On Barb’s Bookshelf: Best of All Gifts

I’m all about the Christmas novel (and novella). Follow me on Goodreads in the fall and winter and you’ll see that a big chunk of my fiction reading falls straight into the holiday-read category. There’s no shame in that; these are light reads, with sweet stories that pair perfectly with a white-chocolate mocha, fuzzy socks and a warm blanket.

Two Thanksgivings ago, I read Sheila Cronin’s The Gift Counselor, a perfect Christmastime read. In that story, we meet Jonquil, a young widowed mom who has carved out a unique job as a department-store gift counselor. She helps customers examine their motivation for the gifts they give, while advising them on good gift choices. Jonquil uses data gathered at work for her thesis so she can complete an advanced degree.

best of all gifts

Jonquil’s story continues in Best of All Gifts, which is just the right novel to enjoy now — at Thanksgiving time. Jonquil’s work nemesis is assigned to be her assistant, her new thesis advisor seems to have it in for her (and she’s inexplicably attracted to him), and the father who disappeared when she was eight years old resurfaces. And there’s more: Jonquil’s son has a very scary health crisis and she just isn’t sure that Claude, the contractor she began dating in the first book, really wants to marry her. And Thanksgiving is coming.

My favorite character from The Gift Counselor, Rita, doesn’t get very much face time in this story, but we do get to meet Jonquil’s grandmother, who is lovable and wise.

Grab a cup of tea and a slice of pumpkin pie and savor this well-told story. You’ll love Best of All Gifts.

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Copyright 2017 Barb Szyszkiewicz
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On Barb’s Bookshelf: The Gift Counselor by Sheila Cronin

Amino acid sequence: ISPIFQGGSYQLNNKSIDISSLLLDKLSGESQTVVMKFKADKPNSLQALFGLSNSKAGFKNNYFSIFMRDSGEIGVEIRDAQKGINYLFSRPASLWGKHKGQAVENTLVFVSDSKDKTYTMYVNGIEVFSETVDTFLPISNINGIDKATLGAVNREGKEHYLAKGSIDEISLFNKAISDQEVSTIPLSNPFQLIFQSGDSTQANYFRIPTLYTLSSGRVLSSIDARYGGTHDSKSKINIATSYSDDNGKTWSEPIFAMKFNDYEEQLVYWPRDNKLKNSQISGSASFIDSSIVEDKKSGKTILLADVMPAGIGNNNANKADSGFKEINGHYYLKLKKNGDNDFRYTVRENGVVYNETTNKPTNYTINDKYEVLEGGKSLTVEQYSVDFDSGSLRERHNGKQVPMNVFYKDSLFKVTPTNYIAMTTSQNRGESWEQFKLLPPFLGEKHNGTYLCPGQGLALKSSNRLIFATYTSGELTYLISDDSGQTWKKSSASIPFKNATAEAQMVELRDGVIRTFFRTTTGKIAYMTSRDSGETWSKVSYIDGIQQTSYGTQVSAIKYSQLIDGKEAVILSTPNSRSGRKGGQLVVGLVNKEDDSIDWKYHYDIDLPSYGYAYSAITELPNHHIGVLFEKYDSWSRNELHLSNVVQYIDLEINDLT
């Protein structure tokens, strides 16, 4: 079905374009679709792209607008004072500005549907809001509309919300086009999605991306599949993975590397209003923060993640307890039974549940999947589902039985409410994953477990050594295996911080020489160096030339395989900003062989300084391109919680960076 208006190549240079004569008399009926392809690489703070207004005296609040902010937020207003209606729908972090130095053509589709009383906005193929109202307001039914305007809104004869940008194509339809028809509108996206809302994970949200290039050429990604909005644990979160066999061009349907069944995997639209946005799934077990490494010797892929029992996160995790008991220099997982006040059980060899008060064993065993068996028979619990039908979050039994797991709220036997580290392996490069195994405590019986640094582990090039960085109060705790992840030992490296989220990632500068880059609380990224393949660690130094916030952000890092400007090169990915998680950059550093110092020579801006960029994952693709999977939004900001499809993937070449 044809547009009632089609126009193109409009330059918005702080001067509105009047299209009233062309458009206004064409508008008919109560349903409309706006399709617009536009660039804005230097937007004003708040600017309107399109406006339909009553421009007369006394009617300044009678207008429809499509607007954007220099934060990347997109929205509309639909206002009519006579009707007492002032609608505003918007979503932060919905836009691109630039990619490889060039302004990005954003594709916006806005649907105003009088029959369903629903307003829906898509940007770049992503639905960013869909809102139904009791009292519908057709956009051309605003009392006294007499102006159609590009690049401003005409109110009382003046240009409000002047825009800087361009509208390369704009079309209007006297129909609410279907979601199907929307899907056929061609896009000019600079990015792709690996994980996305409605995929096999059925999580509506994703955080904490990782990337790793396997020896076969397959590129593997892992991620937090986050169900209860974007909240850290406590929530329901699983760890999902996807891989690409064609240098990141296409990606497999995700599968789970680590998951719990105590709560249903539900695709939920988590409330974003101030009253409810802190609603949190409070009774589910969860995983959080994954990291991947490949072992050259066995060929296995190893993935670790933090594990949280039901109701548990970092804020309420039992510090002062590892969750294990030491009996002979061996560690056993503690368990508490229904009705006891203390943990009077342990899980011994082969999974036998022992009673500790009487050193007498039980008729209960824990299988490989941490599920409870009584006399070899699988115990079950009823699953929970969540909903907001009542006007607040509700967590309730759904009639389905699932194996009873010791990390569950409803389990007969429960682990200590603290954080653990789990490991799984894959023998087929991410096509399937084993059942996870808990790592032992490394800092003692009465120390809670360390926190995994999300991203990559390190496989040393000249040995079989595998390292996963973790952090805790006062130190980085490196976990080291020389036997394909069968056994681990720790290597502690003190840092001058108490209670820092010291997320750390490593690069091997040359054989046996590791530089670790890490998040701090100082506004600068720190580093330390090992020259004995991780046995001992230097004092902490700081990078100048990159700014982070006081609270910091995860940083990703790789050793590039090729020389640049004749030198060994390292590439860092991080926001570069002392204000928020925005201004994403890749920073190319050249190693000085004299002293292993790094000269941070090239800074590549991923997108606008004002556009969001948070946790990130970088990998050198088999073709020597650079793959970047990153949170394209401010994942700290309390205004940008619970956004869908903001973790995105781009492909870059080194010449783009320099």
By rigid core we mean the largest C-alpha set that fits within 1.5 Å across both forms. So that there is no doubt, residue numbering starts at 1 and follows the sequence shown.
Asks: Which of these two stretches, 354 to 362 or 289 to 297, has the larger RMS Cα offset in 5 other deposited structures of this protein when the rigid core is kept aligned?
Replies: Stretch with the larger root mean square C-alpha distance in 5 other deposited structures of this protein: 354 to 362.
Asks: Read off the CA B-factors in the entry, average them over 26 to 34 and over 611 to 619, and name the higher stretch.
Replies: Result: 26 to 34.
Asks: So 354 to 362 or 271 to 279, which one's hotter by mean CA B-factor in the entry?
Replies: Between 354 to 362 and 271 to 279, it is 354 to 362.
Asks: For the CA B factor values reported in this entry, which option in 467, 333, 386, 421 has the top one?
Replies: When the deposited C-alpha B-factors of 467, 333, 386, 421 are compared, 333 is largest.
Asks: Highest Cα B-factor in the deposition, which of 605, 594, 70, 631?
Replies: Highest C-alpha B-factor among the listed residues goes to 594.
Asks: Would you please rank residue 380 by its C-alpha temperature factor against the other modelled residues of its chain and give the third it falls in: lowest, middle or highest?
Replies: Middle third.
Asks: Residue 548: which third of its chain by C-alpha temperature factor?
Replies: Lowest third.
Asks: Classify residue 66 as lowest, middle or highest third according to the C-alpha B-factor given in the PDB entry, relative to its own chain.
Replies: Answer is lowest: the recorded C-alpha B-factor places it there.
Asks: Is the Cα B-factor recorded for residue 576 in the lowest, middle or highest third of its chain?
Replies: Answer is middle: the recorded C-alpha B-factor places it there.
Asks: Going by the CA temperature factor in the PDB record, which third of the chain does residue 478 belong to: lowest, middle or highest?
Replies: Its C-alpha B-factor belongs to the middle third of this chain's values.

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Lately I’ve been finding that good Catholic romantic fiction is out there–you just need to know where to look. I’m happy to share a great Christmas read by Sheila Cronin. (It may be too early to decorate for Christmas, but I’m always up for reading¬†a good Christmas story.)

gift counselorThe Gift Counselor would make a great Hallmark Channel Christmas movie. I’m not saying that to disparage the book at all. It’s a wonderful, feel-good story with a main character I found to be easy to¬†relate to.

Jonquil is a widowed mom with a 10-year-old son who, more than anything, wants a dog of his own–but she has her own reasons for denying Billy’s wish. Jonquil is a psychology student focusing on the topic of gift-giving for her doctoral dissertation, and when she finds herself out of a job at the Children’s Home, she takes a seasonal position at a local department store. Soon she’s blending salesmanship and psychotherapy, setting herself on a new professional trajectory as the Gift Counselor.

But let’s not forget the romance in the novel. Claude, the general contractor renovating a building in Jonquil’s neighborhood, falls hard for Jonquil and must prove that he truly wants what’s best for her and for her young son.

Sometimes it’s the peripheral characters in a novel who are among the most captivating. In this story, it’s the irrepressible Rita, who takes Jonquil under her wing in the fragrance department and becomes a mother figure to her. I couldn’t help but be charmed by Rita’s spunk and determination.

In every good story there’s a villain; Sheila Cronin has created a believable and vulnerable villain in Leigh, whose ambition and drive masks a heart full of pain.

I mentioned earlier that this is a Catholic romance. Jonquil and Billy have Father Tim, their parish priest, as one of their greatest friends and supporters. The flashback to how Jonquil and Father Tim met is one of the sweetest scenes in the novel.

Jonquil’s gift-counseling service at the store leads her to examine the motivations behind gifts, the reasons people give gifts and the reasons behind particular gift choices. The Gift Counselor is a great Christmas read, but why wait? Read it now, and you may gain a new perspective on your own gift-giving–just in time for Christmas.

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The Fine Print: I was given a copy of this book, and no other compensation, in exchange for my honest review. Opinions expressed here are mine alone.